“If the Guardian, the New York Times and Channel 4’s Dispatches can all find numerous journalists who worked at the News of the World who without exception insist that the newspaper routinely used private investigators to gather information by illegal means, why can’t Scotland Yard find a single one who will tell them the story?”
So asks Guardian journalist Nick Davies, who has been leading the investigation into new allegations of phone-hacking at the News of the World.
I suspect the answer is that for all the new allegations, there has been no silver bullet. The conjecture that ‘Andy Coulson must have known what was going on’ is not the same ‘as I saw him do it on this date, at this time and on this story’, which no-one seems to have.
The New York Times reported: “A dozen former reporters said in interviews that hacking was pervasive at News of the World…Everyone knew. The office cat knew.” But there were little specifics in the lengthy NYT investigation which prompted the new investigation.
Channel 4’s Dispatches uncovered a new un-named former NotW reporter who said: “Andy was a very good editor, he was very conscientious and he wouldn’t let stories run unless he knew they were correct, so if the evidence that a reporter had was a recorded phone message that would be what Andy wanted to know about. They would have to say ‘yes there’s a recorded message’ which you would either go and play to him or show him a transcript of to satisfy that they weren’t going to get sued, that it wasn’t made up.”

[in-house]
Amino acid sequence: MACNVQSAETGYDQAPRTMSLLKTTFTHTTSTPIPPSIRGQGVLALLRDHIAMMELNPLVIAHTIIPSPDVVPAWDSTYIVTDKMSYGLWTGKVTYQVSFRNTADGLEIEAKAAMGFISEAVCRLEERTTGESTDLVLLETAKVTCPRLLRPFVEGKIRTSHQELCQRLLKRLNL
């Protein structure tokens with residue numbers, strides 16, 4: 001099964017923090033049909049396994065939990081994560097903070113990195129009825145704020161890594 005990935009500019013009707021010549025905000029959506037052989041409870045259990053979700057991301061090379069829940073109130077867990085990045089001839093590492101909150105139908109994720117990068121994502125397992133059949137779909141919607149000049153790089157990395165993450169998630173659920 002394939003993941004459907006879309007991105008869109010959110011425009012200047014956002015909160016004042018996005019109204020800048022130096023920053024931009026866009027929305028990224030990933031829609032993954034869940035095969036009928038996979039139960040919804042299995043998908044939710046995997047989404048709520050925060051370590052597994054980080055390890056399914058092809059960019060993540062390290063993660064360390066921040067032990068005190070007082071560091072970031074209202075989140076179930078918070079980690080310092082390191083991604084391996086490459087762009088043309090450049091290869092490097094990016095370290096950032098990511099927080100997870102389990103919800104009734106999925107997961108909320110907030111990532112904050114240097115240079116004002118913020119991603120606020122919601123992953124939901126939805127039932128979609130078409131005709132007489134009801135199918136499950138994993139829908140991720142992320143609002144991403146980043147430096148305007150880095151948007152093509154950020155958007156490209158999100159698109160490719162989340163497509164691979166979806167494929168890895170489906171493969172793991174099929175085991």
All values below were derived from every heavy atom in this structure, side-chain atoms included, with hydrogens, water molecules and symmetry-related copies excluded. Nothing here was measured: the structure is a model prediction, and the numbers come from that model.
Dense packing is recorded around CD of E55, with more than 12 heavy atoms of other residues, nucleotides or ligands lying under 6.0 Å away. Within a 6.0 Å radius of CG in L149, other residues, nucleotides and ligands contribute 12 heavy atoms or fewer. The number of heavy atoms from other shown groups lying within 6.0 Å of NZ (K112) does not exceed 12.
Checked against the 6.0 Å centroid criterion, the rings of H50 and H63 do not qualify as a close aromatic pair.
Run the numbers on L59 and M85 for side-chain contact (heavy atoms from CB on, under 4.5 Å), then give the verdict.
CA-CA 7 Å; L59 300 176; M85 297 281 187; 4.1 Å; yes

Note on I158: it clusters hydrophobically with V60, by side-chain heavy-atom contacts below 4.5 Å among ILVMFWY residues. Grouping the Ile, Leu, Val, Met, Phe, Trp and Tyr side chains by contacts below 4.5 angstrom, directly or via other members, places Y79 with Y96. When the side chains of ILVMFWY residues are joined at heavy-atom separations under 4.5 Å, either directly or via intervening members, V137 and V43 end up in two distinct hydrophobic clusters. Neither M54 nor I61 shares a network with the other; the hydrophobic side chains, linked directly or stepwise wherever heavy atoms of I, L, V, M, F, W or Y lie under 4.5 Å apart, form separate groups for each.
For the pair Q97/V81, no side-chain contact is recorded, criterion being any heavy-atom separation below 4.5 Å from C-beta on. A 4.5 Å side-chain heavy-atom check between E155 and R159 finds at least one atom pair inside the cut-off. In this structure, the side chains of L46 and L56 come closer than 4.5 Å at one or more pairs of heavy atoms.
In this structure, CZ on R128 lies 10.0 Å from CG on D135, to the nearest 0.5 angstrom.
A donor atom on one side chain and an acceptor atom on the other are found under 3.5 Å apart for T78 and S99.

But again there were no specifics, presumably because the source didn’t have them.
The Director of Public Prosecutions said on Friday: “A number of other witnesses were interviewed and either refused to co-operate with the police investigation, provided short statements which did not advance matters, or denied any knowledge of wrongdoing.”
My understanding is that the Met Police are going to keep the investigation open, in the sense that they will hear any new evidence as and when it comes up. But it looks like the criminal side of this investigation is definitely over.
But with John Prescott seeking judicial review over the Met Police’s handling of phone hacking, fresh parliamentary inquiries set to come from the Standards Committee and the Home Affairs Select Committee and a plethora of pending privacy actions (most recently from Steve Coogan as exclusively revealed by Press Gazette). This story is not going to go away any time soon.
In another new development, the Met Police has said it will no longer provide those who believe they have been targeted by the News of the World with a summary of the evidence pertaining to them. The Met has revealed that 194 people contacted them for these summaries. The Guardian and others report the Met is now only handing over the info if the individual can show “reasonable grounds” that they were targeted.